(Chicago, IL)  --  Governor Pat Quinn says he's ready for a showdown on the concealed carry issue. The governor says the National Rifle Association had too much influence in the concealed carry bill. He doesn't want lawmakers to go back on the changes he made. The governor says he doesn't know anyone that supports weapons and alcohol to mix or allowing people to carry multiple concealed weapons. State Representative Brandon Phelps, who drafted the legislation, says he's confident that lawmakers will be able to overturn the governor's veto of the bill. They're facing a July 9 court-ordered deadline to have some measure of concealed carry for Illinois.

>>Schilling To Seek Former Seat

(Peoria, IL)  --  Former Congressman Bobby Schilling wants to go back to Washington. He's going to seek a rematch with Cheri Bustos in Illinois' 17th Congressional District. The Republican lost to Bustos last fall after first winning the seat in 2010. Schilling says his campaign will focus on middle class families and their values. He believes Bustos doesn't understand middle-class families and says she's failed to act on basic duties while in Washington. Schilling is planning to go on a 14-county middle-class families listening tour.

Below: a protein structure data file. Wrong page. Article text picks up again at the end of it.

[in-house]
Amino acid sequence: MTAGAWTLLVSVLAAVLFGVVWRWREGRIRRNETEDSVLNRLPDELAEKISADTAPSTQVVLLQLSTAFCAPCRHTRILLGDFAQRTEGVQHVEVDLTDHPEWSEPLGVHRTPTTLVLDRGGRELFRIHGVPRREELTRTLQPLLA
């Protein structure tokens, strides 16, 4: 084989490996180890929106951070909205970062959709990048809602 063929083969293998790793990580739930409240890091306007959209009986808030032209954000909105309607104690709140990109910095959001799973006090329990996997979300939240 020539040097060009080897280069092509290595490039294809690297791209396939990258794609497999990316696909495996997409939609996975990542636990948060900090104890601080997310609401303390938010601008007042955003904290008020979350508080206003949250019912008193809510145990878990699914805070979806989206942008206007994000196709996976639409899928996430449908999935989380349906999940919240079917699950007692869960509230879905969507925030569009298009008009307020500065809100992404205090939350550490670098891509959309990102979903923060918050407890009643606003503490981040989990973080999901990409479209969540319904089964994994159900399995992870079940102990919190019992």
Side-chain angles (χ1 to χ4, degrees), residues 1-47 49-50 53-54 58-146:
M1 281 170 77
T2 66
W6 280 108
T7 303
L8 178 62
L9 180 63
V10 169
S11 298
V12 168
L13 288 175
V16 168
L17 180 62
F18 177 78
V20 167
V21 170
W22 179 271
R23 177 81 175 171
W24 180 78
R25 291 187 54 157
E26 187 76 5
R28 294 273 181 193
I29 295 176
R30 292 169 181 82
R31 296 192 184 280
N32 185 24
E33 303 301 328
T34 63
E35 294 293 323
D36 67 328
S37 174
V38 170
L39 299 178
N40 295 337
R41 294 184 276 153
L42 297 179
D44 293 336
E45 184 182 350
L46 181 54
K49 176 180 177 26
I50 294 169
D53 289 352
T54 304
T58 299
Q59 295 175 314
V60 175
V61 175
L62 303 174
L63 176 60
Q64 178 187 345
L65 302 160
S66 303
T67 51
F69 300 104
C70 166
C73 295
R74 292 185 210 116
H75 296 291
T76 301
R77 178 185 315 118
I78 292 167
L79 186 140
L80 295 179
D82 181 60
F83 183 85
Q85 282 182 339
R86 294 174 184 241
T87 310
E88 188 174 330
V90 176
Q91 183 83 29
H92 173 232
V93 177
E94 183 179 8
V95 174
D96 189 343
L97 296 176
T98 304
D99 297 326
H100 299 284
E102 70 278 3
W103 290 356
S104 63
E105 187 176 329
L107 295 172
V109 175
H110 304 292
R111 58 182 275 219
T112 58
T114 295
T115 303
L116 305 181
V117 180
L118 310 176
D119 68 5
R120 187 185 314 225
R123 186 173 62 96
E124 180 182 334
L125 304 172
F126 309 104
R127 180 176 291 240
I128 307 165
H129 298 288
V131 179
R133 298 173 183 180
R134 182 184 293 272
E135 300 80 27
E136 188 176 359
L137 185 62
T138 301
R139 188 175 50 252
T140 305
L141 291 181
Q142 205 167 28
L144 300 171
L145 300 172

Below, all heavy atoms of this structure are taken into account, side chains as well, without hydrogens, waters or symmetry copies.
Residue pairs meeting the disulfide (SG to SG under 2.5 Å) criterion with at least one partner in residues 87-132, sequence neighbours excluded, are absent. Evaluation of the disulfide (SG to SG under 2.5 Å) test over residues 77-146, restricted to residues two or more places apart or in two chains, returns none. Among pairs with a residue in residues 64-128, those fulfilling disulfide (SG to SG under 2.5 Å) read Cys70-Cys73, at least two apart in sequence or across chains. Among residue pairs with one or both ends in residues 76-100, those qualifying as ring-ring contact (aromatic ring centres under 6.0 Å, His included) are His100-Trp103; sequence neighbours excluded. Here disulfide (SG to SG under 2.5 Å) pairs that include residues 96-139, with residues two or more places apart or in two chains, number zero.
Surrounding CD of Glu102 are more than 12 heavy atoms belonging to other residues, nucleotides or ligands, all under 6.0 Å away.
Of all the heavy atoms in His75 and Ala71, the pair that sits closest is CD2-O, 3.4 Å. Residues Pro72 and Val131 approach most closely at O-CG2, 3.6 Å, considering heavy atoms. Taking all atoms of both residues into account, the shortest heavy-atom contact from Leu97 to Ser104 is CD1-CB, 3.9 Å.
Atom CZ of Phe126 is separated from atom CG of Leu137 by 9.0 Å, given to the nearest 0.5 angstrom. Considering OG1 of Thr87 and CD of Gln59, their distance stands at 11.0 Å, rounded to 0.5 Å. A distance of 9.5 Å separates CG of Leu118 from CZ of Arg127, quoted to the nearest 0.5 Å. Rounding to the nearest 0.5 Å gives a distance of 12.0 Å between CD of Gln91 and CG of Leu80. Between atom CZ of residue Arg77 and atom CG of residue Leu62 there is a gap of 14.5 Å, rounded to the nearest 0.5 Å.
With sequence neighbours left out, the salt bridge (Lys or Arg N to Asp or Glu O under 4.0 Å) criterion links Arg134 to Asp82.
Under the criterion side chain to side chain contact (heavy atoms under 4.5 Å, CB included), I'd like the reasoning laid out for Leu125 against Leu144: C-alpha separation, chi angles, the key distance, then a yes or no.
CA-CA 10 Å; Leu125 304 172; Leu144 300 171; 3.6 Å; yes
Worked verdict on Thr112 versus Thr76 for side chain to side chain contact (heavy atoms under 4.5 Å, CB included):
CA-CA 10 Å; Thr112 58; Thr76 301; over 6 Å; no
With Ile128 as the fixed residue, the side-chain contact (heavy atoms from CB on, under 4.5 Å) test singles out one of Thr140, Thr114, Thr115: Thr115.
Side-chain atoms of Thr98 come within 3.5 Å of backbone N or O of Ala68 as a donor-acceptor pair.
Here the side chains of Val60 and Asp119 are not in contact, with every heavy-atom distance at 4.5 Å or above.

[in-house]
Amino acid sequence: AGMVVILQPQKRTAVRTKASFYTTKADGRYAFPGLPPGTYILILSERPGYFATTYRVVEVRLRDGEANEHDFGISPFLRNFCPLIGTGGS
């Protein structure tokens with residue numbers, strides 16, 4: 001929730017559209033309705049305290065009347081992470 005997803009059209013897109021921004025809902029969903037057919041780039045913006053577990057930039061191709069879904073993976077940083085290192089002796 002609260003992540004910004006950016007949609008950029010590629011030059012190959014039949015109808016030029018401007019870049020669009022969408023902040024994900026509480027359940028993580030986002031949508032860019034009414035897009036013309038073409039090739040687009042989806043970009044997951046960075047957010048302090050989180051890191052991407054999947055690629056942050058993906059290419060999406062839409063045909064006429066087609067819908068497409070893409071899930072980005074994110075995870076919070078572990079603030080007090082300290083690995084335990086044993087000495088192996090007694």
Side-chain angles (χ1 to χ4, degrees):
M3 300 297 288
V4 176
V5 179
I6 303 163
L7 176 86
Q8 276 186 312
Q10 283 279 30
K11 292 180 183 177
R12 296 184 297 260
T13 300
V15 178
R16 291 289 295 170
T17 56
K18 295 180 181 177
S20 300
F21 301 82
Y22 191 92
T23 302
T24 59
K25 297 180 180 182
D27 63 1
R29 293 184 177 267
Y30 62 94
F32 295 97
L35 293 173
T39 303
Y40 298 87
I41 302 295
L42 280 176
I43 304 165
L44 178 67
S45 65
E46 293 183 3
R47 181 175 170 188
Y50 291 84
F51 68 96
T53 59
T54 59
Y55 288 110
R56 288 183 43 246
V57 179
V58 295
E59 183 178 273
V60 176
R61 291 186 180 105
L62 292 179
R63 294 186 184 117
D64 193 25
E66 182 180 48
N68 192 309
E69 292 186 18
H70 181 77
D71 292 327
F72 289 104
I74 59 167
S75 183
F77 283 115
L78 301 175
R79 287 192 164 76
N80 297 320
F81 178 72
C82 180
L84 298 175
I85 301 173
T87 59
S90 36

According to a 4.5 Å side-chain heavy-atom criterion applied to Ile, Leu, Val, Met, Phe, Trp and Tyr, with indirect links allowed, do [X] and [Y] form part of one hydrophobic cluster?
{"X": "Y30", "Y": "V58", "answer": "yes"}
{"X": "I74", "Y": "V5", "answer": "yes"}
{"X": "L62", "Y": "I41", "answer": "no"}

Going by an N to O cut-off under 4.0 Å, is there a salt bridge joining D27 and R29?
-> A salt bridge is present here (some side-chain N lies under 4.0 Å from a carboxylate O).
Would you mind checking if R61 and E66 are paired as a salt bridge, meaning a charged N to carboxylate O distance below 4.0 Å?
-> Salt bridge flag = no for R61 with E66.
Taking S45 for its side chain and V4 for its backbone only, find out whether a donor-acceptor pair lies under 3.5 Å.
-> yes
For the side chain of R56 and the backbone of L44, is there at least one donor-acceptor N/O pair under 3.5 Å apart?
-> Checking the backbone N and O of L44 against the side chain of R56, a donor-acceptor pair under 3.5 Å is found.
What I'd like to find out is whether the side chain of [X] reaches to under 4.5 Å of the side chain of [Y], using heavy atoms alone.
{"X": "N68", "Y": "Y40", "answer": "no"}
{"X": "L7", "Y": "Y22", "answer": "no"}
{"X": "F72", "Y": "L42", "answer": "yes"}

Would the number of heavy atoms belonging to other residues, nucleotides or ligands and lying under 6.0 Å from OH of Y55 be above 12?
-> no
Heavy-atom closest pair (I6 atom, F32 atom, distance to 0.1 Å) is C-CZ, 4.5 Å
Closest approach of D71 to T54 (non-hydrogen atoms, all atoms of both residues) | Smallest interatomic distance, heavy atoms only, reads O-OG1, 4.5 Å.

>>Chris Harris Seeking Retrial In Murder Conviction

(Lincoln, IL)  --  Lawyers for convicted murderer Chris Harris have asked for a new trial. Harris was convicted in May of the 2009 murders of Rick and Ruth Gee and three of their children. He was also convicted of attempted murder for trying to kill a fourth child. Harris' lawyers argue that rulings made by the judge in the case before the trial didn't allow Harris to have a fair trial. A judge will hear the motion for the new trial on July 19 before Harris is sentenced. He's facing life in prison.

>>Toddler With Trachea Transplant Dies

(Peoria, IL)  -- A toddler that received a pioneering trachea transplant in Peoria earlier this year has died. Hannah Warren had the transplant surgery in April. Doctors used her own cells to help make an artificial windpipe. Warren was born without her own windpipe and the surgery was the first successful one on a child using a bio-engineered transplant. Warren died Saturday. She would have turned three in August.